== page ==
Conversion of Private Ltd to Public
Convert your Private Limited Co to Public Ltd In Quickest and easiest wayConvert now.
What are the advantages for conversion of Private Limited to Public Limited?
Disadvantages of a company can be expensive to establish, maintain and wind up. the reporting requirements can be complex. ... if directors fail to meet their legal obligations, they may be held personally liable for the company's debts
The conversion of private limited company is generally done due to the following reasons: • Recognition, and • Ease of raising funds.
Documents Required For Conversion of Private Ltd to Public
- Copy of PAN Card of Directors
- Copy of Aadhaar Card/ Voter identity card
- Copy of Rent agreement
- Electricity/ Water bill
File Form No. 23 within 30 days of passing of the resolution along with the Attachment Special Resolution and the Explanatory Statement
File Form 62 with the RoC along with the Attachment Prospectus or Statement in lieu of prospectus (SLP) Letter of Application to the Registrar for fresh Certificate of Incorporation Consent letter of the Auditor for inclusion of his name in the SLP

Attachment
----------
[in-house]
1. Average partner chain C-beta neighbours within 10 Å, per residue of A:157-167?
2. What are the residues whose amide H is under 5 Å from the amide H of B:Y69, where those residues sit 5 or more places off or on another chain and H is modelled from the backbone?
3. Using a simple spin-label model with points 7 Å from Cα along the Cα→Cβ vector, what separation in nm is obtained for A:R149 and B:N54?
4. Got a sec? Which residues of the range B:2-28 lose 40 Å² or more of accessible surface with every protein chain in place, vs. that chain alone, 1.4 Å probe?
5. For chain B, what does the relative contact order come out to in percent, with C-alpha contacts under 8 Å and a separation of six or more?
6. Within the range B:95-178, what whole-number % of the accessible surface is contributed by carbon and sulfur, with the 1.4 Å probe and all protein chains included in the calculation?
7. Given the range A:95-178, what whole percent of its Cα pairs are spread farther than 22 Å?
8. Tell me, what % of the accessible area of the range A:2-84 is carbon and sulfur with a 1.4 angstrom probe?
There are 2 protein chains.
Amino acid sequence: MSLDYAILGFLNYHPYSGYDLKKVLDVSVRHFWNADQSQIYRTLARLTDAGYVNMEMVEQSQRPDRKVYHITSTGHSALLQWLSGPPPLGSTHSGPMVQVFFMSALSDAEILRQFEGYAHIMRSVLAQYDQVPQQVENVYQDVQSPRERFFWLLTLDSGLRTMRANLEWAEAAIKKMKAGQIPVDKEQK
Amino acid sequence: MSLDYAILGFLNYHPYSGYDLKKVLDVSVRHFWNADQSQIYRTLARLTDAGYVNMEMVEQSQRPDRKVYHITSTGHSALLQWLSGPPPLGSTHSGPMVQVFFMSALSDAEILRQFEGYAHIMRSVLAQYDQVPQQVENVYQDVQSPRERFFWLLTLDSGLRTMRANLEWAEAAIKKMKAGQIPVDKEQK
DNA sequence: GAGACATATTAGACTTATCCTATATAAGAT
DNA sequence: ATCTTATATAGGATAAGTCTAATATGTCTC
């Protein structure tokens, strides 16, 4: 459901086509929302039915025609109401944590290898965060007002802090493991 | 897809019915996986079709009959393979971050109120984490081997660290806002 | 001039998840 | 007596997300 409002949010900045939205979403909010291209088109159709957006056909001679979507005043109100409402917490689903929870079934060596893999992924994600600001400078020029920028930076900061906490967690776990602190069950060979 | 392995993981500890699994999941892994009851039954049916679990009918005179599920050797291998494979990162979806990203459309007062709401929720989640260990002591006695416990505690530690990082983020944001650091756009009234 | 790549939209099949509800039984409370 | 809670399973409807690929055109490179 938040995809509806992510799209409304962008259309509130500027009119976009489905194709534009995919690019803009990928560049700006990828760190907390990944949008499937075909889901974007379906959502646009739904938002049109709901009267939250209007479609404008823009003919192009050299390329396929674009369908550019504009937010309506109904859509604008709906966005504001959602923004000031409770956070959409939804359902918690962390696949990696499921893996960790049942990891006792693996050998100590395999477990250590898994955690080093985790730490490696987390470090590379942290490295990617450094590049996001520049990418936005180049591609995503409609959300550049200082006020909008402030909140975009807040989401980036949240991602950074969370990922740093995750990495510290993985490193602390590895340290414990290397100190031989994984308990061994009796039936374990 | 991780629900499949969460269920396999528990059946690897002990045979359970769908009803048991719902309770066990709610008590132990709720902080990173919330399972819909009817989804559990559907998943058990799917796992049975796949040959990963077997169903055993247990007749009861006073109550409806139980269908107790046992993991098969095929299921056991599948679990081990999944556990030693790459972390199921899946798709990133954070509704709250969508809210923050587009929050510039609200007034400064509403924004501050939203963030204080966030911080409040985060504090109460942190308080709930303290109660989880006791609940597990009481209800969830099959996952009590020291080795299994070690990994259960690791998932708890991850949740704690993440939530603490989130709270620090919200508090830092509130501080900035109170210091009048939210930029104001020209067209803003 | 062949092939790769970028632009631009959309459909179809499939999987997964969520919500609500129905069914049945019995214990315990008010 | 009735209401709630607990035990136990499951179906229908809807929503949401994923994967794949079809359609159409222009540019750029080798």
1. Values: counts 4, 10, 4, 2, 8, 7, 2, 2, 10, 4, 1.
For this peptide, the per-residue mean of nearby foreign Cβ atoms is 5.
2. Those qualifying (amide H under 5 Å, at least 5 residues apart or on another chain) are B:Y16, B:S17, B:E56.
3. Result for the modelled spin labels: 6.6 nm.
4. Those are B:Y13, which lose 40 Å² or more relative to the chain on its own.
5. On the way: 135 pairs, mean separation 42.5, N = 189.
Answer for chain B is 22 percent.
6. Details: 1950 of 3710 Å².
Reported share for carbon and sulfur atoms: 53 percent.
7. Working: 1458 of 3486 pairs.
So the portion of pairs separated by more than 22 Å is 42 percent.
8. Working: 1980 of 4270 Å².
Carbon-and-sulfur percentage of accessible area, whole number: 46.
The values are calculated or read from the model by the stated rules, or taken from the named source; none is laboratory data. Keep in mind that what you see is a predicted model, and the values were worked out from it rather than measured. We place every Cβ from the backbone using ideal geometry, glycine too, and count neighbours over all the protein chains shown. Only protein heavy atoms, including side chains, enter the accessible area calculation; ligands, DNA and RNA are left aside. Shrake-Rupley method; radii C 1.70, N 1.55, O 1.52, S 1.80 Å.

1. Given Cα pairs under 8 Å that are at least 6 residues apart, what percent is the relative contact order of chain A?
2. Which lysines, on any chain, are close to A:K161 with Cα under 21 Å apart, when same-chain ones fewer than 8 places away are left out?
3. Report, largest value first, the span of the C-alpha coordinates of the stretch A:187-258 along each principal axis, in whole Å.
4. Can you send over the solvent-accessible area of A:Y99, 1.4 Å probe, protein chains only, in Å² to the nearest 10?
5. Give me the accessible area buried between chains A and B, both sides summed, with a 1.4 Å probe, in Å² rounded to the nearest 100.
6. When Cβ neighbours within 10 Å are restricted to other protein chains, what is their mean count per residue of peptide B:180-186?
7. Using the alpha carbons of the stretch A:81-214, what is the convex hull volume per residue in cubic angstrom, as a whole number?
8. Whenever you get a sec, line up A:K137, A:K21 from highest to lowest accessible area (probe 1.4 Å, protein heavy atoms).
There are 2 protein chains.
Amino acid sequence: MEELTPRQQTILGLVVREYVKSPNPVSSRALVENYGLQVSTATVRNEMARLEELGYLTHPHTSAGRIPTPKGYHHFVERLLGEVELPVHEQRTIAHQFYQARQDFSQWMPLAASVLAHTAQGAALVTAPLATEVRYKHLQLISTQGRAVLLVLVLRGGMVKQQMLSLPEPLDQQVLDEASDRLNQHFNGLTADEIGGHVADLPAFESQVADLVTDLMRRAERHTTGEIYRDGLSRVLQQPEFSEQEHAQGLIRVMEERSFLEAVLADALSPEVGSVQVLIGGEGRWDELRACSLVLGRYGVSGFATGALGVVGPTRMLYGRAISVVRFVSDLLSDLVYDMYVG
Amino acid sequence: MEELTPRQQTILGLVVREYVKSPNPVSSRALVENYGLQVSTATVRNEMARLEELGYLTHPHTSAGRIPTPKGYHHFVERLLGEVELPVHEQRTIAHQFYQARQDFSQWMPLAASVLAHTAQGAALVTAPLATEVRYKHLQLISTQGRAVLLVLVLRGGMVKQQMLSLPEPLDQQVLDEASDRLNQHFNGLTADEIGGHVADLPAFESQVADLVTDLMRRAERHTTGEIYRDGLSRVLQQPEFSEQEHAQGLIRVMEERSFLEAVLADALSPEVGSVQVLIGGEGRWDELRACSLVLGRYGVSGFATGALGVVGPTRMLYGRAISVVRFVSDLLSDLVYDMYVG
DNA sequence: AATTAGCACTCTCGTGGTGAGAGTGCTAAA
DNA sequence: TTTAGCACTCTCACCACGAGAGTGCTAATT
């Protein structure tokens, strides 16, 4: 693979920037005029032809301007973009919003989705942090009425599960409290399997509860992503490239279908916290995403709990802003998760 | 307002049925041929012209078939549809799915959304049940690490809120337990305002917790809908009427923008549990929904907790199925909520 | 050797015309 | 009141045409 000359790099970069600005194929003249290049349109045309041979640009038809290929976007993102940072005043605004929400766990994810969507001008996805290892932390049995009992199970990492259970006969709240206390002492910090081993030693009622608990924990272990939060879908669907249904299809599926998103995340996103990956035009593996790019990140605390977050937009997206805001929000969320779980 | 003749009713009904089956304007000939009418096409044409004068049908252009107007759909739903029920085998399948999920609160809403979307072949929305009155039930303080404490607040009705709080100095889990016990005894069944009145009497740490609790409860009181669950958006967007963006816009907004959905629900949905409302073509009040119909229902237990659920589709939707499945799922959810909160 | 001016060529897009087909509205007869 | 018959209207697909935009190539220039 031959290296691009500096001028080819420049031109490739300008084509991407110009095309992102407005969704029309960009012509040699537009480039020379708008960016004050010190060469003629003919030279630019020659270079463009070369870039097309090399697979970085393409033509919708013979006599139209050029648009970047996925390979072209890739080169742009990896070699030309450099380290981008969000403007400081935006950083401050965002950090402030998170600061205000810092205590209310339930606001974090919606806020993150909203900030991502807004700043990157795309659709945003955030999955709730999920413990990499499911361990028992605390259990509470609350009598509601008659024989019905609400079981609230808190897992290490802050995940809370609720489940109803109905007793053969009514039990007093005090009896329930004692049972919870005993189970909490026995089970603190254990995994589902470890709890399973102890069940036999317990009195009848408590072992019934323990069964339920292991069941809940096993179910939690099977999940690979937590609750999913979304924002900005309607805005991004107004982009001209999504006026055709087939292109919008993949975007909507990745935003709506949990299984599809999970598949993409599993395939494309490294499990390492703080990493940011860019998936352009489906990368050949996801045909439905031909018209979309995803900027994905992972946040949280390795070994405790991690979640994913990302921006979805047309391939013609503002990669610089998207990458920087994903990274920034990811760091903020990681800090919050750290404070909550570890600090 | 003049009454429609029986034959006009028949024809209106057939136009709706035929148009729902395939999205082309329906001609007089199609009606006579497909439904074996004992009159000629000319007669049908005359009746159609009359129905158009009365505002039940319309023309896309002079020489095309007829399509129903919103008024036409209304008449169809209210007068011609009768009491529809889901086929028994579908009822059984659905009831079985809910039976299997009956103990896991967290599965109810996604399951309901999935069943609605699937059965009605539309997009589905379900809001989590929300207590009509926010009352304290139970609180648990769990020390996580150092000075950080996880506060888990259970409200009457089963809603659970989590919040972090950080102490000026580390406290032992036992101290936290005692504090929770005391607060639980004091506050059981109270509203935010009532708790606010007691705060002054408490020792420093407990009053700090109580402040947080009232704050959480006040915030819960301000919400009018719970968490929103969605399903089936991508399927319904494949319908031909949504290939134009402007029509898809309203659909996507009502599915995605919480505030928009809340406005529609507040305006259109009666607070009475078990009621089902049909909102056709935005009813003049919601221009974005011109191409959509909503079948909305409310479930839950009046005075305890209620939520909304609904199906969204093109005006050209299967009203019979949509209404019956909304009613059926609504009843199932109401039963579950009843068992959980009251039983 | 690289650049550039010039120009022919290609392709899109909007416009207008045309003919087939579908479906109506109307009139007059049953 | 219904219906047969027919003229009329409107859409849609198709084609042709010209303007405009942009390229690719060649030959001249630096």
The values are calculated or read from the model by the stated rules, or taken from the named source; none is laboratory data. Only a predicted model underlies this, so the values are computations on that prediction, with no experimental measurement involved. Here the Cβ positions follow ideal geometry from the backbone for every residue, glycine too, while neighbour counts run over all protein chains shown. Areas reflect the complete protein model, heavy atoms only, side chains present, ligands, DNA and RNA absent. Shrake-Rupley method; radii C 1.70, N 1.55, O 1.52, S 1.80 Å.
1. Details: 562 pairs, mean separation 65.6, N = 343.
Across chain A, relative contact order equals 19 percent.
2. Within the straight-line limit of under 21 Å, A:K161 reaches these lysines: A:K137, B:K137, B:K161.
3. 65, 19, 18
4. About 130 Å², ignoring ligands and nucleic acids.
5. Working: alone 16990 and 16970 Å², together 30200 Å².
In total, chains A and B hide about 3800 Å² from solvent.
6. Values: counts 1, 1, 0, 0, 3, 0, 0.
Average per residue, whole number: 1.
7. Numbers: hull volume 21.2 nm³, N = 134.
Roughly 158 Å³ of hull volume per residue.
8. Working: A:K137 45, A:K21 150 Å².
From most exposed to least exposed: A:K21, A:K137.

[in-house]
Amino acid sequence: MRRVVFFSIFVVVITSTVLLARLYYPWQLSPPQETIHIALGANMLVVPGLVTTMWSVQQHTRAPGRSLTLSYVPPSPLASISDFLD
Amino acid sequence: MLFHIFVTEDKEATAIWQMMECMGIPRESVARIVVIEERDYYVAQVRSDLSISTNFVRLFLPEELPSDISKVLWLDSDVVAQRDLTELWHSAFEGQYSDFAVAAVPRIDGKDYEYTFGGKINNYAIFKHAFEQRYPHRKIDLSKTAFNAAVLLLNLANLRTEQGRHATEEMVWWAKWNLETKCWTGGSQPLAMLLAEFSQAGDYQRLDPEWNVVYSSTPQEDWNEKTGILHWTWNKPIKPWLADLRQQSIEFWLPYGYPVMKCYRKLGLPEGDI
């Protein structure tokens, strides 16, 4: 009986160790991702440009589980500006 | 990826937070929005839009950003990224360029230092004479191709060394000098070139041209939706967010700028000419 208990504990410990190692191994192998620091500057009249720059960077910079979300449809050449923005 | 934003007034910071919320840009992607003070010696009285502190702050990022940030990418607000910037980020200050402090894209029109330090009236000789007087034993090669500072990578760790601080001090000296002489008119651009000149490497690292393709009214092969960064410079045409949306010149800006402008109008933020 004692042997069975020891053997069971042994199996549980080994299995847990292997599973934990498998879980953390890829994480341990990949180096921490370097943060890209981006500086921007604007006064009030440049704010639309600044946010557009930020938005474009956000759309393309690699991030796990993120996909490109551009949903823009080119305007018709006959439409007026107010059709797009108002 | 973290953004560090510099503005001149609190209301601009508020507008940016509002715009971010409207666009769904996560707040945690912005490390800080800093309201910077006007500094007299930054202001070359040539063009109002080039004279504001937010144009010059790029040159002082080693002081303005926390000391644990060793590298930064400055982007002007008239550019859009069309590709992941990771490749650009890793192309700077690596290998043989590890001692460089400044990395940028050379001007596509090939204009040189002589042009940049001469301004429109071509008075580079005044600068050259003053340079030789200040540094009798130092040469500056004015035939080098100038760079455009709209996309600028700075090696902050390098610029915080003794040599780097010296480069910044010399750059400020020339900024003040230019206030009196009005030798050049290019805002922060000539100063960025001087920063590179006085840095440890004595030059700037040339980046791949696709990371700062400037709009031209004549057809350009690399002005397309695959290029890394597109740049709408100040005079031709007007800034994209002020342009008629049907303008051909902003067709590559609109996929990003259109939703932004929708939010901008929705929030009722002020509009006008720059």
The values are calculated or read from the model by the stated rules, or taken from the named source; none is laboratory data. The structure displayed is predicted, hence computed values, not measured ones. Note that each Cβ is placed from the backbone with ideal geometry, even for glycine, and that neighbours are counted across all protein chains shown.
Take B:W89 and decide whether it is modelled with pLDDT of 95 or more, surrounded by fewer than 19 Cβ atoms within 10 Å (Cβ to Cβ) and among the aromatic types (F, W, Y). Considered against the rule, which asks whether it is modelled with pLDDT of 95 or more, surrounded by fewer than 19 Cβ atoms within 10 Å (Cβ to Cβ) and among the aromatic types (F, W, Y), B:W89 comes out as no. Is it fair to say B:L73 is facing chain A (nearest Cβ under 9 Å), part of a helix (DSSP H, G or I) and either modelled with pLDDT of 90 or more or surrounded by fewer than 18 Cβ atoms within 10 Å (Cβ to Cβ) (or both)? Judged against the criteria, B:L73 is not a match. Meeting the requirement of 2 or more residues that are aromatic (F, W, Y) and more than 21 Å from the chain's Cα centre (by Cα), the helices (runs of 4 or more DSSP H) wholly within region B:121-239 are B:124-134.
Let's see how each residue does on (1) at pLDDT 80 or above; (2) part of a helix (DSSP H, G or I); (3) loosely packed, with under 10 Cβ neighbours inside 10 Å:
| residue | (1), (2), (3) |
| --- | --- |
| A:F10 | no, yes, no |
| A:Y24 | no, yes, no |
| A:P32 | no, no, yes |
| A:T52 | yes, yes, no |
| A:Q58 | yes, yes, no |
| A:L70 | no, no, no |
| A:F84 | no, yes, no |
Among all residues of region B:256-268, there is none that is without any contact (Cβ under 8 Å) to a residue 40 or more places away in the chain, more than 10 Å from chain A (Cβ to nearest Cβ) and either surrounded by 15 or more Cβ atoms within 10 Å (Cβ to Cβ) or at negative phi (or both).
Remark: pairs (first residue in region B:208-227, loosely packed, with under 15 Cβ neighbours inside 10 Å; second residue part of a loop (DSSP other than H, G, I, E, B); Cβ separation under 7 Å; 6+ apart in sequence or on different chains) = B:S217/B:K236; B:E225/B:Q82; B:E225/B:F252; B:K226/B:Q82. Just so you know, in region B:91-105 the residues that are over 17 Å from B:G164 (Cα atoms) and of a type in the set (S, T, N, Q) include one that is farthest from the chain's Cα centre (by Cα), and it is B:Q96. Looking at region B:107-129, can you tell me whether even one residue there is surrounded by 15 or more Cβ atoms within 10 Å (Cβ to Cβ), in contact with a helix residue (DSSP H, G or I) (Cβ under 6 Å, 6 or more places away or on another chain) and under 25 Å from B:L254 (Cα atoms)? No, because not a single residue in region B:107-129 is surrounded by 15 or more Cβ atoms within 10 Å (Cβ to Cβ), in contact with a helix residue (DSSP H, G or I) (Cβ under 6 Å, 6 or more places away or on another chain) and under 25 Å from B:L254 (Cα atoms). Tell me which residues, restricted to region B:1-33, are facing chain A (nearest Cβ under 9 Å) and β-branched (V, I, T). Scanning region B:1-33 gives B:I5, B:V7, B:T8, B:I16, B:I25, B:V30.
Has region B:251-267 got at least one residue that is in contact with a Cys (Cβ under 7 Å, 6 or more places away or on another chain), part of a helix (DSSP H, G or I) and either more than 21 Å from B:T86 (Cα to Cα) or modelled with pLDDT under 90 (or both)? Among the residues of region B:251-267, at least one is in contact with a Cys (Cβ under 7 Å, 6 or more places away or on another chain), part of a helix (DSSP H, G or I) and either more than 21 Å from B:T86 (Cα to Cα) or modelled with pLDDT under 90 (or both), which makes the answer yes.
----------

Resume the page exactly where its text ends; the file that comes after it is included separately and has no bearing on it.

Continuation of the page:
Minimum 7 Shareholders are required
A company that has issued securities through an initial public offering (IPO) and is traded on at least one stock exchange or in the over the counter market. Although a small percentage of shares may be initially "floated" to the public, the act of becoming a public company allows the market to determine the value of the entire company through daily trading.
Once a company goes public, it has to answer to its shareholders. For example, certain corporate structure changes and amendments must be brought up for shareholder vote. Shareholders can also vote with their dollars by bidding up the company to a premium valuation or selling it to a level below its intrinsic value. Public companies must meet stringent reporting requirements set out by the Securities and Exchange Commission (SEC), including the public disclosure of financial statements and annual 10-k reports discussing the state of the company. Each stock exchange also has specific financial and reporting guidelines that govern whether a stock is allowed to be listed for trading.
Private companies may issue stock and have shareholders. However, their shares do not trade on public exchanges and are not issued through an initial public offering. In general, the shares of these businesses are less liquid and the values are difficult to determine.